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January 1&15, 2017 BOOKLIST
Find more Top 10 Literary Travel Books
Oh, let’s not even begin talking about the airport delays, the cancellations, and the various other frustrations that have marred travel plans this summer. Instead, let’s read about travel! A copout? Who cares? There are so many good travel narratives out there in which to lose oneself-and without fear of cancelled flights. Again we offer a list of the 10 best literary travel books published and reviewed in Booklist over the past year.
Brookes, Tim. “A Hell of a Place to Lose a Cow”: An American Hitchhiking Odyssey. National Geographic, $26 (0-7922-7683-3).
In 1973, Brookes, then a British student, spent three months hitchhiking across the U.S. In 1998, Brookes, now a writer, teacher, and longtime Vermonter, decided to re-create that experience and hitchhike to the same places again. He’s not interested in reliving the past but in illuminating the present, which he does with great aplomb.
Carter, W. Hodding. A Viking Voyage: In Which an Unlikely Crew of Adventurers Attempts an Epic Journey to the New World. Ballantine, $25 (0-345-42003-9).
Carter’s wanderlust takes the form of retracing the routes of “renowned or notorious” people, including Lewis and Clark, John Wilkes Booth, and, lately, Leif Eriksson. In his reenactment of the latter’s colonizing venture, Carter and company enjoyed something Leif couldn’t: the Canadian coast guard’s aid. The result, however, is an armchair adventurer’s delight.
Cookman, Scott. Iceblink: The Tragic Fate of Sir John Franklin’s Lost Polar Expedition. Wiley, $24.95 (0-471-37790-2).
In this absorbing account of the fable 1845 Franklin expedition in search of the Northwest Passage, Cookman incriminates a novel malefactor in the tragedy: botulism. He argues his theory by artfully narrating a possible course of events in the expedition’s demise, based on the one official note and bits of debris (including evidence of cannibalism). Adventure readers will flock to this fine regaling of the enduring mystery surrounding the best-known disaster in Arctic exploration.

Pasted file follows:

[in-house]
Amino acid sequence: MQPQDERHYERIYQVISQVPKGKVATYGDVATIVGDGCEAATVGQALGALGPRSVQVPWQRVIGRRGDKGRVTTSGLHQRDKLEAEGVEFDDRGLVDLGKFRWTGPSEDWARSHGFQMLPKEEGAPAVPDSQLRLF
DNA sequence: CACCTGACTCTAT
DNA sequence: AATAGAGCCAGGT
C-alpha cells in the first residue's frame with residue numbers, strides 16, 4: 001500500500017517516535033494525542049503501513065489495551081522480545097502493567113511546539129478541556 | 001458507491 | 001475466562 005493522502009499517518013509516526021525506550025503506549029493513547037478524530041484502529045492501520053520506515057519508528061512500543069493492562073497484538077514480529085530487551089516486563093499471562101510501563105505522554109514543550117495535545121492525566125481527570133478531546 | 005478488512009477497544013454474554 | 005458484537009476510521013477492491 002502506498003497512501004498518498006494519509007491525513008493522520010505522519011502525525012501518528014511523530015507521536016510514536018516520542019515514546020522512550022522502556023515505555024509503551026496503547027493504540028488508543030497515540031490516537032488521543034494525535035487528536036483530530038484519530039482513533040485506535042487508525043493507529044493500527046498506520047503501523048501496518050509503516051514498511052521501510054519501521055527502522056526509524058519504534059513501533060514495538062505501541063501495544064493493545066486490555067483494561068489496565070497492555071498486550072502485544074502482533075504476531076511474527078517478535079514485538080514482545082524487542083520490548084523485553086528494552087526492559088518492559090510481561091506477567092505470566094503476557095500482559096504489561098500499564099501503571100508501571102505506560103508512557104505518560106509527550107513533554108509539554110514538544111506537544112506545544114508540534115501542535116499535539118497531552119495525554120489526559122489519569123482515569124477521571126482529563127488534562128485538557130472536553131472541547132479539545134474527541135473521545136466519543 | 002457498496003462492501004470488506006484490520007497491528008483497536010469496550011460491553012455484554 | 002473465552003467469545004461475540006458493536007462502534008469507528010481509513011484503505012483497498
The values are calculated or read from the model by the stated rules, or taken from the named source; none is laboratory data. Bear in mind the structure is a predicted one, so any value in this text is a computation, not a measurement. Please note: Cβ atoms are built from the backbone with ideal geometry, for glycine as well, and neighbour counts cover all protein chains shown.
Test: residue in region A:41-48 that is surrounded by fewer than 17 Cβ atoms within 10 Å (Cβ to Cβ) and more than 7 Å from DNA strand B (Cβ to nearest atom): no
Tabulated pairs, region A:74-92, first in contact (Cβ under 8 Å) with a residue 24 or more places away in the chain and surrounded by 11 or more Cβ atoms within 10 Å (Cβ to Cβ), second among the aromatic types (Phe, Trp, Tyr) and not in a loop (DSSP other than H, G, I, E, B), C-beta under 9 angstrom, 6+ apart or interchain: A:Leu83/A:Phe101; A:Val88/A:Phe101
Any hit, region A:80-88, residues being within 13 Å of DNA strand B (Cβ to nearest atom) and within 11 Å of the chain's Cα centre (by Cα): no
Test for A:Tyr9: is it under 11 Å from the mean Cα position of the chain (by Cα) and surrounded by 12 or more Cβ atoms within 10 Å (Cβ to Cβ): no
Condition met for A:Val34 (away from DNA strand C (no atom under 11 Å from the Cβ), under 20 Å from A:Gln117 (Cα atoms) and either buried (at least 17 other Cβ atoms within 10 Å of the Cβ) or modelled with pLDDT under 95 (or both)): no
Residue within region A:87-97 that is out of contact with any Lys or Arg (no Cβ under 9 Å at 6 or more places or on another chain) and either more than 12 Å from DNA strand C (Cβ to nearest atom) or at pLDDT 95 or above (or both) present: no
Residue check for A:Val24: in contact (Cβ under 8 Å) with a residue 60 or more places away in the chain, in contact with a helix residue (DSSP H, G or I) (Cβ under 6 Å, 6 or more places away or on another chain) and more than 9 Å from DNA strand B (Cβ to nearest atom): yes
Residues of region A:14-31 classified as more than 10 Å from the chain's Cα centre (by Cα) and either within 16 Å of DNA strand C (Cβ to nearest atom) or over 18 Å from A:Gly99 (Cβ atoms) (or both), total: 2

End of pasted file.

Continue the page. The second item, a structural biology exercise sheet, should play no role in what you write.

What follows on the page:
Iyer, Pico. The Global Soul: Jet Lag, Shopping Malls, and the Search for Home. Knopf, $25 (0-679-45433-0).
In his latest book of essays, Iyer sets aside his customary role as the witty and conversant travel guide to far-flung corners of the earth and observes instead the impact of globalization on the human condition. He encountered time and again what he calls “the global soul”: a citizen of the world who simultaneously lives in several cultures and yet feels at home in none.
Lonely Planet Unpacked: Travel Disaster Stories by Tony Wheeler and Other Lonely Planet Authors. Lonely Planet, paper, $12.95 (1-86450-062-X).
Yeah, yeah, your flight was delayed, and the onboard meal, once your plane finally got off, was crummy. Big deal! You want to hear about big-time travel horror stories? Read the wonderfully written essay-anecdotes offered here by 26 writers who contribute to Lonely Planet’s travel guides, and you’ll understand why no one is listening to your lame story.
Moorhouse, Geoffrey. Sydney: The Story of a City. Harcourt, $25 (0-15-10061-6).
Australia’s major city is defined by its harbor, so this acclaimed British travel writer’s book about Sydney appropriately opens with a beautifully written description of that magnificent body of water. His exquisitely presented, full-bodied profile of this unique city, home of the 2000 Olympics, reaches far back into Australian history.
Phillbrick, Nathaniel. The Heart of the Sea: The Tragedy of the Whaleship Essex. Viking, $24.95 (0-670-89157-6).
This is quite an accessible narrative of the tragic 1820s whaling voyage whose central disaster was the violent encounter with a sperm whale, which inspired the climactic scene in Melville’s Moby Dick. For more than 150 years, the primary source of information about the Essex was a volume that the first mate prepared with a ghostwriter. A summary by the ship’s cabin boy, prepared some 50 years after the wreck, was found and published in 1980s. Phillbrick draws on both.
Seal, Jeremy. The Snakebit Survivors’ Club: Travels among Serpents. Harcourt, $24.95 (0-15-100535-4).
This offbeat travelogue contains much charm and many surprises. Its ports of call are Appalachia, Kenya, India, and Australia, where snakes hold a high place, if not always high esteem, in the minds of the inhabitants. Seal’s respectful humor in presenting the fixation on snakes carries the reader to an exotica of place and mind that modernity has passed by.
Symmes, Patrick. Chasing Che: A Motorcycle Journey in Search of the Guevara Legend. Random/Vintage, paper, $13 (0-375-70265-2).
Riding a temperamental motorcycle through the semi-surreal landscapes of the cone of South America, Symmes conceived the sparkling idea to retrace the route taken by Ernesto Guevara Lynch de la Serna in 1952, before he became “Che.”
Theroux, Paul. Fresh Air Fiend: Travel Writings, 1985-2000. Houghton, $27 (0-618-03406-4).
Theroux’s latest book is a collection of his marvelous travel pieces written since the mid-1980s. In the early essays, Theroux posits his philosophy about the writer’s life and highlights themes that surface in subsequent essays. Once again, he demonstrates his power to carry readers into different worlds through his agile and incisive prose.
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